What is Karnataka's political crisis
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The Congress Party (Indian National Congress, INC) slipped from their 132 state parliament mandates to 65. 31 of the 49 INC ministers who ran for re-election lost their mandate. The Hindu nationalist Bharatiya Janata Party (BJP) cleverly used the mood against the congressional government and almost doubled its own share of the vote from 44 to 79 seats. With its best result in Karnataka, the BJP will in future form the strongest faction within the Vidhan Sabha. Janata Dal - United (JD U), who is allied with the BJP, won five mandates.
The third largest parliamentary group is the Janata Dal - Secular (JD S) with 58 seats. This is an enormous gain from the previous 10 representatives. The Communist Party of India Marxist (CPI M) who Republican Party of India and the regional parties Kannada Nadu Paksha and the Kannada Chaluvali Vatal Paksha each won a mandate in the chamber. In the future, 13 independent delegates will also belong to the Vidhan Sabha.
According to the INC's own representation, the party was only able to gain 35 percent instead of 41 percent, the BJP 29 percent and the JD (S) 20 percent (the electoral commission did not collect any data on this).
While the INC's share of the vote declined in all regions except Bangalore, the BJP succeeded in gaining votes, especially in the north and on the coast of Karnataka. Especially from the maritime region there were reports of increased activities of the network of Hindu nationalist organizations known as Sangh Parivar. The Sangh activists succeeded, apparently very successfully, in polarizing society along religious lines. In the north, however, the BJP, which stood up as the "Party of the Hindus", owed its success much more to the arrangement of seats with the JD (U). Janata Dal - United still has a considerably large number of regular voters in this region, which he knew how to use profitably in combination with the anti-INC mood.
The actual success story of the elections, however, was written by the JD (S), who rose from the ashes like a phoenix. Most observers have written off the party after its devastating election failure in 1999. Obviously, she managed to successfully reconsolidate her regular electorate - mainly in the south of the Union state - in the past few months. Some veteran leaders have been co-opted or returned to their ranks.
As in Andhra Pradesh, the electoral mandates were given to act against a one-sided urban policy and the economic reform catalog in the spirit of the World Bank. This confirmed that it is not enough for most voters to lead Karnataka to a nationwide pioneering role in the information technology and biotechnology sectors. In addition, in three of the five years in office of Congress (I), the state suffered from drought, which politically was only met half-heartedly. Similar to neighboring Andhra Pradesh, according to government reports, more than 650 farmers killed themselves in desperation over their hopeless financial situation last year alone. The government made few concessions and thus barely counteracted the increasing rural exodus. At the same time, water scarcity increased in rural areas and cities.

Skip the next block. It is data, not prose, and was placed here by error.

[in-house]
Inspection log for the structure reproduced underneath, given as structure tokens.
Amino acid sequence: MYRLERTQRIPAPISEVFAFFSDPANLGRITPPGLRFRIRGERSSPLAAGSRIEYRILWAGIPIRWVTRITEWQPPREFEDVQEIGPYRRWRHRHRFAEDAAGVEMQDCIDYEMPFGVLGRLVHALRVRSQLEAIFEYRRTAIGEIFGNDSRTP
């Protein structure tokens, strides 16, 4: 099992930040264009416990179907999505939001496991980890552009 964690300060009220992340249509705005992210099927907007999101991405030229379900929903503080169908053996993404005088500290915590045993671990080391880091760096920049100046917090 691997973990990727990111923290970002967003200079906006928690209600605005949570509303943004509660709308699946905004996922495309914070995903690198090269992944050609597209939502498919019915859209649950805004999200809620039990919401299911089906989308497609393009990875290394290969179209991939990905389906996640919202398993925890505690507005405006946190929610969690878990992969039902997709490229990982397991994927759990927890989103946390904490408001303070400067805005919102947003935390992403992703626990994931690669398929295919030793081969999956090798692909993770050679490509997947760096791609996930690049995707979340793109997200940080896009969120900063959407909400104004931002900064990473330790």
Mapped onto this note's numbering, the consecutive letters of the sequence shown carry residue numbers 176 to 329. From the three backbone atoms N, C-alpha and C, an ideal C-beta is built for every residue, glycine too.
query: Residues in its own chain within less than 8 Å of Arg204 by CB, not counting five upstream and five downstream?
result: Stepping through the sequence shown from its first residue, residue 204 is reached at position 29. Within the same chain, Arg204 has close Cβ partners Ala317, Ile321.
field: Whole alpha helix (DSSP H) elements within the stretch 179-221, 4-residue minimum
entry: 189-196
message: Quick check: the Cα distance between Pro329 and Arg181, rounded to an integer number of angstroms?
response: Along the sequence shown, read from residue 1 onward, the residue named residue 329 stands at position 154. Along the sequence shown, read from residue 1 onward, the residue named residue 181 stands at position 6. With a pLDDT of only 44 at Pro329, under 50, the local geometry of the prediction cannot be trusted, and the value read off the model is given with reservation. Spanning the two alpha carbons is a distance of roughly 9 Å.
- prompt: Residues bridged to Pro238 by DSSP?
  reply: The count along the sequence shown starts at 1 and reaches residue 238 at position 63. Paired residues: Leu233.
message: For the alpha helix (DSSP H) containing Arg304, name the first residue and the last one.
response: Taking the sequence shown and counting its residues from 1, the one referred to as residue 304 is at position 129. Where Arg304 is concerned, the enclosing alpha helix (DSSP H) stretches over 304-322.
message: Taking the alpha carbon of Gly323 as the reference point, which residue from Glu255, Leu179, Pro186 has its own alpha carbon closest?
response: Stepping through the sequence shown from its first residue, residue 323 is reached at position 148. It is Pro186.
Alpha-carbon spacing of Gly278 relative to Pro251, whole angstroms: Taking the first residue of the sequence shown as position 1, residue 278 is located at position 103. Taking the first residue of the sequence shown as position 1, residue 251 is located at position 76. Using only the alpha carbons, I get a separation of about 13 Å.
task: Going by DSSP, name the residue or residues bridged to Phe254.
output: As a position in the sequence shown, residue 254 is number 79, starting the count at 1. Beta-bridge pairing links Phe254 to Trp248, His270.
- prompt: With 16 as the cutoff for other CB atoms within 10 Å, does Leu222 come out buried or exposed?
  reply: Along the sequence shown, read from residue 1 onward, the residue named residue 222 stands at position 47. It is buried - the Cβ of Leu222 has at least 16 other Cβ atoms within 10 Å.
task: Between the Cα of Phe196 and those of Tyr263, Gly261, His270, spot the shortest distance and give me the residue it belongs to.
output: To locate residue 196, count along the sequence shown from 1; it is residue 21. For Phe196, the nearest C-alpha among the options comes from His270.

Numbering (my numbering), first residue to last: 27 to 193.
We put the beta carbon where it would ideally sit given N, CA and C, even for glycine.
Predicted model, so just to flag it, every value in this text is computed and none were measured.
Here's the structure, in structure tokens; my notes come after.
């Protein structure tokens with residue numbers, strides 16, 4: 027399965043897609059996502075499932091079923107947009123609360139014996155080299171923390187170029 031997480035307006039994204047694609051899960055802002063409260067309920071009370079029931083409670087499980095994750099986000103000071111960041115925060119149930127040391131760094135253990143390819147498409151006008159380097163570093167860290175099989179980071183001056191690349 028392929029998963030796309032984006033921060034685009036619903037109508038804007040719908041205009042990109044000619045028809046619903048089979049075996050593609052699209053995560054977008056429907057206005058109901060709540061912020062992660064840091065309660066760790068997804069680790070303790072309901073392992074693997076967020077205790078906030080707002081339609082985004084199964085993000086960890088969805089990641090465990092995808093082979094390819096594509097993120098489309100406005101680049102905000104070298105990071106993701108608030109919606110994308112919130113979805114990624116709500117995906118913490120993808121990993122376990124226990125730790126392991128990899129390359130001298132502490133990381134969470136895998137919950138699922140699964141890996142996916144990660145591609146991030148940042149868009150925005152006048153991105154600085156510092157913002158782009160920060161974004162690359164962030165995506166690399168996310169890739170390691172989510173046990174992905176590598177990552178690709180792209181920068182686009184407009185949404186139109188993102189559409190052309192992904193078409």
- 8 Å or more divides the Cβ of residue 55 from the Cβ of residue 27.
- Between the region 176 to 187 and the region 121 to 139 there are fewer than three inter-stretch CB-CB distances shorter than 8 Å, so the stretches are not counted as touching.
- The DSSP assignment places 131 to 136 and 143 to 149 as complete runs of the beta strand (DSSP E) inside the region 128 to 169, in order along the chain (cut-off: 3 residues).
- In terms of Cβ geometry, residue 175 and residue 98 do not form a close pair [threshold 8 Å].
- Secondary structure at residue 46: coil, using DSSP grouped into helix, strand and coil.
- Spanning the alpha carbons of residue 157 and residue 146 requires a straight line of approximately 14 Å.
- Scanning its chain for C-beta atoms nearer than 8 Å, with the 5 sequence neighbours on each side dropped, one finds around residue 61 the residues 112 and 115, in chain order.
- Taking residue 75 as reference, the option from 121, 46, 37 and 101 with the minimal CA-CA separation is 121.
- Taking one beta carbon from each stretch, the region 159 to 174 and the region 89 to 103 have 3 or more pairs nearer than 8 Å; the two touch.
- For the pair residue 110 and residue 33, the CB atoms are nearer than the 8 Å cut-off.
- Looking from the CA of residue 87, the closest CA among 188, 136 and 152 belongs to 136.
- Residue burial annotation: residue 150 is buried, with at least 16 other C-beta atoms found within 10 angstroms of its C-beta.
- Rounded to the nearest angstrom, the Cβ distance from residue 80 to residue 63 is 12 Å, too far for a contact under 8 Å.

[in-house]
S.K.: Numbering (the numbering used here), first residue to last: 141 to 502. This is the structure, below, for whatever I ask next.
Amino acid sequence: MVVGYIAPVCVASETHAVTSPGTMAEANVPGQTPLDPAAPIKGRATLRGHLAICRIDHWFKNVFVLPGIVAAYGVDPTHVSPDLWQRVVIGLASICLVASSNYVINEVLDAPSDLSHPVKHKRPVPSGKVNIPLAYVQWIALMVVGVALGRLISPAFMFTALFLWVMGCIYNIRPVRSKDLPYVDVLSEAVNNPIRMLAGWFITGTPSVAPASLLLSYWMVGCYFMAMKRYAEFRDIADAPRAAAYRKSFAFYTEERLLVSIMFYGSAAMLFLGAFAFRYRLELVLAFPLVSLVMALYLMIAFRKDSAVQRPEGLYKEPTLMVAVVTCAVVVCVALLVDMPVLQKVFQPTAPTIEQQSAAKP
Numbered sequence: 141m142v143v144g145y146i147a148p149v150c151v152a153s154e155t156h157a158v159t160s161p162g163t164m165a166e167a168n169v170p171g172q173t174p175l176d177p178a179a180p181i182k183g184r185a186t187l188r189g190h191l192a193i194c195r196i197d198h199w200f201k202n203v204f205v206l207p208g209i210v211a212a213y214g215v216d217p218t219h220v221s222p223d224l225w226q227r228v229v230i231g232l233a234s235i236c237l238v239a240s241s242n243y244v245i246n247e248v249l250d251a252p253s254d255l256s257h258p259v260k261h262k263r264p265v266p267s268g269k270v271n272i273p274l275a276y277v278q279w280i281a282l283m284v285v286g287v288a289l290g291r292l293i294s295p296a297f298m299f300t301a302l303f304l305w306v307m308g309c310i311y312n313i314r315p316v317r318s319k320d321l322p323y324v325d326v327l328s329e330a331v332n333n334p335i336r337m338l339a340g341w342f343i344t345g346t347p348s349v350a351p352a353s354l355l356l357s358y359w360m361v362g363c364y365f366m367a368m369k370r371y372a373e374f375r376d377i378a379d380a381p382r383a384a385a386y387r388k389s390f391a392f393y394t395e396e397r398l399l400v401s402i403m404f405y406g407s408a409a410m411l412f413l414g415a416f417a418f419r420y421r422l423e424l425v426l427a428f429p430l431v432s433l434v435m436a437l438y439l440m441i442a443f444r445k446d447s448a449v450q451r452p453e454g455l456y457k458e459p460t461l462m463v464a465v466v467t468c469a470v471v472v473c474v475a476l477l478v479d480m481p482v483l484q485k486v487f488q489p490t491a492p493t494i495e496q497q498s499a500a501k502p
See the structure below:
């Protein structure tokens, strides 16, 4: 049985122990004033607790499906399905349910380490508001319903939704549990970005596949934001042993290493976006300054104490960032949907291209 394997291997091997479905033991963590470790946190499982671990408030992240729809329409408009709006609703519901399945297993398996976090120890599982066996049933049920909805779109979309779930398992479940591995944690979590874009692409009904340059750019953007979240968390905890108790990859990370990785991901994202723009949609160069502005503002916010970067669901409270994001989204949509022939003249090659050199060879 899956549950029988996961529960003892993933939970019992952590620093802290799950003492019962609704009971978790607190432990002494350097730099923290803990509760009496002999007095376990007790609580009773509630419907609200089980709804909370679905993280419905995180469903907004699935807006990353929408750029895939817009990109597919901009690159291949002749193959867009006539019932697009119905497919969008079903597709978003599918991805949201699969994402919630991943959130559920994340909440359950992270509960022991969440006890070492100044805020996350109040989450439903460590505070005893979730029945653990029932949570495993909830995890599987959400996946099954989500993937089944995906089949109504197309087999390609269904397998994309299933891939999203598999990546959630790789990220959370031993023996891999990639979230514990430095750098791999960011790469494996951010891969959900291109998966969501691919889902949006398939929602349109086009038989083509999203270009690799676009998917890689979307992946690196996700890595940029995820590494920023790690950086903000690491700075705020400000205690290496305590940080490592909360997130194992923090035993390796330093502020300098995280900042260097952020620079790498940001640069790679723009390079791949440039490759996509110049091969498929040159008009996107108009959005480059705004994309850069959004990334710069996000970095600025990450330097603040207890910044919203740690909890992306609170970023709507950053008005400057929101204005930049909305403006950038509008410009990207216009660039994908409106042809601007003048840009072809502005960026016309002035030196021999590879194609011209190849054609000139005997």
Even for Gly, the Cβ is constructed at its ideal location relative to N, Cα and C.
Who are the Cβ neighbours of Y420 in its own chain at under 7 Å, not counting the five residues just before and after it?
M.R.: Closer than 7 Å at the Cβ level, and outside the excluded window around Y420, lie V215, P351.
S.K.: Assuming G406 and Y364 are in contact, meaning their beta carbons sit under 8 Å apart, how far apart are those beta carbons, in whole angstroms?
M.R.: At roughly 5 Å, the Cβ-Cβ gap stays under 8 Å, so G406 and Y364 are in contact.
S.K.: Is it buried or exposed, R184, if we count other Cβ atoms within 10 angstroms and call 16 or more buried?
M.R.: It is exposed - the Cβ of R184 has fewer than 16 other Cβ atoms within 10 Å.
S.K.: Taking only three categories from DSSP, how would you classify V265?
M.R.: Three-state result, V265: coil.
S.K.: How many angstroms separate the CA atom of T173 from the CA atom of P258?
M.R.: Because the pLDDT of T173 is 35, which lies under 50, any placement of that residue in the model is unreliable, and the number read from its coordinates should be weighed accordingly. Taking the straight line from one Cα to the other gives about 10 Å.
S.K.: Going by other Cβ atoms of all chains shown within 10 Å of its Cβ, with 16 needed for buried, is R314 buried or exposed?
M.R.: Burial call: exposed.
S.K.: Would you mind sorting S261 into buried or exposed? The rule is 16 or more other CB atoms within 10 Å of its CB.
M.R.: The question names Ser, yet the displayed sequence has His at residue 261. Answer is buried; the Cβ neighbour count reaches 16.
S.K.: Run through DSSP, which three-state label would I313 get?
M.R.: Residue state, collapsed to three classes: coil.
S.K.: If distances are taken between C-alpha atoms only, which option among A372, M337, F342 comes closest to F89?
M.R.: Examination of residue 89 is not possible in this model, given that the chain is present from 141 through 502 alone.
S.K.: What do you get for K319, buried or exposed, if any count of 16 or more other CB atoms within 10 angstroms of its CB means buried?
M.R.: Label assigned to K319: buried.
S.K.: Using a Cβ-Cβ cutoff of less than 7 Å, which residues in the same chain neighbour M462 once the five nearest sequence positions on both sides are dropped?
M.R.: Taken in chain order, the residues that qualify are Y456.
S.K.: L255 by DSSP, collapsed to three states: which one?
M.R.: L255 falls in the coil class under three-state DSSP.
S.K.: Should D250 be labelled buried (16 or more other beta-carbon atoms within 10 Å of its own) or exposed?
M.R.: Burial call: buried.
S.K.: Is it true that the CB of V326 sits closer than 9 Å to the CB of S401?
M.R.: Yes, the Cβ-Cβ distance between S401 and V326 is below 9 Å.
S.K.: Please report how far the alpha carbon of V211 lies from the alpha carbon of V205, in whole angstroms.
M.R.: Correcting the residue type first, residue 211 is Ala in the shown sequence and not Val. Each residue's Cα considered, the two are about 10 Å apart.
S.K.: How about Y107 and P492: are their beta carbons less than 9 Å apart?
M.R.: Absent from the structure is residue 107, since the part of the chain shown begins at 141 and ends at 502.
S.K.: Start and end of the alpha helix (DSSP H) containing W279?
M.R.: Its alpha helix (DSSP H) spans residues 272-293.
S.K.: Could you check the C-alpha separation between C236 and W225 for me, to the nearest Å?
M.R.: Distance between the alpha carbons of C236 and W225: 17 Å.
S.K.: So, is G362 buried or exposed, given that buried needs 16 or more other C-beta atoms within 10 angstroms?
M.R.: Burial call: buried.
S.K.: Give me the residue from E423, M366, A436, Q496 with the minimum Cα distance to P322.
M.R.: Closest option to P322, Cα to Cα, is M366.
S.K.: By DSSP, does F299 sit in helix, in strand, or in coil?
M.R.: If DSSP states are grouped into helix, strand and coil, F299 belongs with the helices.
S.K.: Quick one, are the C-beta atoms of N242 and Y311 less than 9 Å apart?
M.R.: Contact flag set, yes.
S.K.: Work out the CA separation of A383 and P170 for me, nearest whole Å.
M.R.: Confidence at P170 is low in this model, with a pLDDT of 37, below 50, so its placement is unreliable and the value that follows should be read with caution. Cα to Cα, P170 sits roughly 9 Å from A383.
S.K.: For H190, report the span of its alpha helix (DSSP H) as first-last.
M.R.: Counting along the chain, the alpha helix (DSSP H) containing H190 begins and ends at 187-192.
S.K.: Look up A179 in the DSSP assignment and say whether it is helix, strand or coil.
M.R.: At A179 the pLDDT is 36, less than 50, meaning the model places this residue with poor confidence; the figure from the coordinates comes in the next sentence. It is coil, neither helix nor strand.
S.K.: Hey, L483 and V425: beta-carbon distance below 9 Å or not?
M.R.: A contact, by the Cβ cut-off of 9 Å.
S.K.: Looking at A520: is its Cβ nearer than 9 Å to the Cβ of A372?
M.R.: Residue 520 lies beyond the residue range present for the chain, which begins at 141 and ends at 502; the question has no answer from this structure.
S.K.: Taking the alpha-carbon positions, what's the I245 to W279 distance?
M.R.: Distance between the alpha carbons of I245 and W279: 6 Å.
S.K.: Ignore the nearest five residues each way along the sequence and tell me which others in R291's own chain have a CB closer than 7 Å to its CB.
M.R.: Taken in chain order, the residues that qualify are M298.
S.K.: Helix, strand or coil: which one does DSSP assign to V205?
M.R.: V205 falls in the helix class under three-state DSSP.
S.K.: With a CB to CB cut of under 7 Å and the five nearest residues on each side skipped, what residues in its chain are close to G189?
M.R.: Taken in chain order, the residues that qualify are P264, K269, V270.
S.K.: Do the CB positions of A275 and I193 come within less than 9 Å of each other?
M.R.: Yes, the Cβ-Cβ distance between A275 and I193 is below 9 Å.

A coalition government between the JD (S) and the BJP is not a possible option for the secular secession wing of Janata Dal. Rather, it was decided at a party executive meeting of the JD (S) on May 16 in Bangalore to wait for the formation of a government in New Delhi before the national party president and former prime minister H.D. Deve Gowda sat down with Sonia Gandhi on a possible joint government formation in Bangalore.
In the meantime, various theoretical coalition possibilities have been explored and models such as those in Maharashtra or Jammu & Kashmir have been considered. In neighboring Maharashtra, the ministerial posts are proportionally distributed and in the crisis state of Jammu & Kashmir, the term of office is shared between the coalition partners.
Despite all reservations and the political contradictions between Congress (I) and the JD (S), a government formation between the two is generally expected, which together would come to a majority of 123 mandates.
Vajpayee's hopes were based on Karnataka
Karnataka was perhaps the only state that gave the BJP serious reason to hope for a victory in the elections to the Indian parliament, the Lok Sabha.
In fact, the Hindu Nationalist Party won 18 of the 28 seats available. The Congress (I) received eight and the Janata Dal (S) two mandates for New Delhi. The fact that the congress party received less than half of the BJP Lok Sabha mandates despite a higher percentage of the vote is due to the fact that the BJP and its ally JD (U) had already cleverly agreed to vote in advance. Congress (I) was only able to defend seven of its 16 seats.
Whether a wave of sympathy for the BJP Prime Minister Vajpayee was the main reason for the success of his party in the southern Indian city of Karnataka can only be speculated. In view of the severe losses in the southern and eastern parts of the country, such an argument was lacking a convincing basis. Rather, it seems to have been decisive that the BJP was able to politically instrumentalize the general low mood and displeasure about the government in Bangalore. The fragmentation of the Janata Dal and the resulting power vacuum is also a major cause of the rise of Hindu nationalists in some regions of Karnataka.
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